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RE: Re-Updated Draft Liaison to Q6/15
It does not look good to me. Please revise the paragraph in question to
"However, if a service provider chooses to measure optical link
impairments on an out of service basis and this can be achieved within
ITU-T standards , then this should not be
prohibited by the CCAMP protocol mechanisms, and the
communication of the information collected should be
accommodated within GMPLS"
There are no ITU standards for in service measurement
From: email@example.com [mailto:firstname.lastname@example.org] On
Behalf Of Greg Bernstein
Sent: Tuesday, March 10, 2009 12:46 PM
To: Adrian Farrel
Subject: Re: Re-Updated Draft Liaison to Q6/15
Looks good to me!
Adrian Farrel wrote:
> Continuing to try to reach some sort of grudging consensus...
> Dear Peter,
> CCAMP experts are looking forward to our joint meeting with Q6/5 on
> March 20th to discuss optical impairments and the control plane
> operation of wavelength switched optical networks (WSONs).
> This liaison is to summarise the activity within CCAMP on this subject
> so far and to set out our objectives for this work.
> As you will be aware, the GMPLS control plane is designed to provide a
> dynamic control plane for a variety of switching technologies. Amongst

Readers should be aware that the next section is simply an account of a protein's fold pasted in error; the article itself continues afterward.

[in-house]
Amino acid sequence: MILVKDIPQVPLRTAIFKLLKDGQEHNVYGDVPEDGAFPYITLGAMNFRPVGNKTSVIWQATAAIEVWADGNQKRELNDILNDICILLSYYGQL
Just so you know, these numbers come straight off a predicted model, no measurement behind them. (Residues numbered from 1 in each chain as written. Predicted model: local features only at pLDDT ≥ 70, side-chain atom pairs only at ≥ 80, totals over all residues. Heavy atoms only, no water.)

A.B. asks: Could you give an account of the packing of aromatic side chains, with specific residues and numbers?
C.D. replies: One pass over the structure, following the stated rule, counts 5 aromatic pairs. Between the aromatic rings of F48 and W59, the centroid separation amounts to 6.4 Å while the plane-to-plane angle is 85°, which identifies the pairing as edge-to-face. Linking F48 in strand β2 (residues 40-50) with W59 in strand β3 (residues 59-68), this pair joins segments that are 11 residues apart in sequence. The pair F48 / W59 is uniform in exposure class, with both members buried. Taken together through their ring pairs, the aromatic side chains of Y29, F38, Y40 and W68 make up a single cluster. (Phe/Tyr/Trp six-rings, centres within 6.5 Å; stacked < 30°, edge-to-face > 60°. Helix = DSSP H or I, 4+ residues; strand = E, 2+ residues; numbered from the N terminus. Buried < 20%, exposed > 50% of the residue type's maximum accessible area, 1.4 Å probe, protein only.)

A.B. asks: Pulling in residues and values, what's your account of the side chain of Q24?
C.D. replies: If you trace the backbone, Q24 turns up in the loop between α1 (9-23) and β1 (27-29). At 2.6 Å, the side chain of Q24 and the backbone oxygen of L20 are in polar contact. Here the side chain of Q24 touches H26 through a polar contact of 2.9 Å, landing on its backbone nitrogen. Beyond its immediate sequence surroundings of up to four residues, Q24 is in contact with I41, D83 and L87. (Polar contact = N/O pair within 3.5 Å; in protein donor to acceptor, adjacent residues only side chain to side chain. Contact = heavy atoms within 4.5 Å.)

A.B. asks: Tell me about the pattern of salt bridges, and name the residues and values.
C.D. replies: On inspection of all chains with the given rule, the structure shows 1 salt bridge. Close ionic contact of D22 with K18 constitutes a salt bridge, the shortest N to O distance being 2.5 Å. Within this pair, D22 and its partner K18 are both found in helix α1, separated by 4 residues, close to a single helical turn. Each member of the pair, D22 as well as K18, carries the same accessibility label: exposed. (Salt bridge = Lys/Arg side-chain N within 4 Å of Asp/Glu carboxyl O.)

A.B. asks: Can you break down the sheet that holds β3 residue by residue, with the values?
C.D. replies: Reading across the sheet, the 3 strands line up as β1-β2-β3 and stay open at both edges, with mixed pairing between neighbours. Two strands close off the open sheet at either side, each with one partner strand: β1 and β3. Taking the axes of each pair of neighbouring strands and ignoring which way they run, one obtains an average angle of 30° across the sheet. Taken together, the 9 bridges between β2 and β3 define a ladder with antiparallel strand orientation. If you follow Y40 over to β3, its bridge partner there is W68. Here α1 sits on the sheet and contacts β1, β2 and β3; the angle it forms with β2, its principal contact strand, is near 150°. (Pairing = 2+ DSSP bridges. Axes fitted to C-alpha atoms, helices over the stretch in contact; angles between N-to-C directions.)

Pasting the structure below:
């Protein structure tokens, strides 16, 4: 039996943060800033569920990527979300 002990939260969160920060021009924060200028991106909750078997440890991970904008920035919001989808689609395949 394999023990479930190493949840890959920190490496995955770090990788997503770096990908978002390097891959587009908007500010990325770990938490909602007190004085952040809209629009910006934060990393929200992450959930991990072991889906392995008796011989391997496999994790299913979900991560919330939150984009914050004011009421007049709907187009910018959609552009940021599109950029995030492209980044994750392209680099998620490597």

> these is the "lambda switch capable" data plane where devices are
> OEOs, ROADMs, and photonic cross-connects (PXCs). In fact, lambda
> switching was the technology that led to the development of GMPLS from
> the packet switching MPLS control plane.
> The IETF's CCAMP working group is the design authority for all
> extensions to the GMPLS family of protocols.
> The original work on lambda switching networks within CCAMP recognised
> that there is a subset of optical networks in which it is possible to
> disregard optical impairments and where the number of regeneration
> points is high. In these environments, path computation can be
> performed on a reachability graph, and lambda conversion can be
> performed as necessary within the network.
> As PXCs were introduced into WSONs, it remained the case that optical
> impairments could be disregarded by the control plane. Where
> necessary, optimal impairment-aware paths could be computed off-line
> and supplied to the control plane, leaving the control plane to handle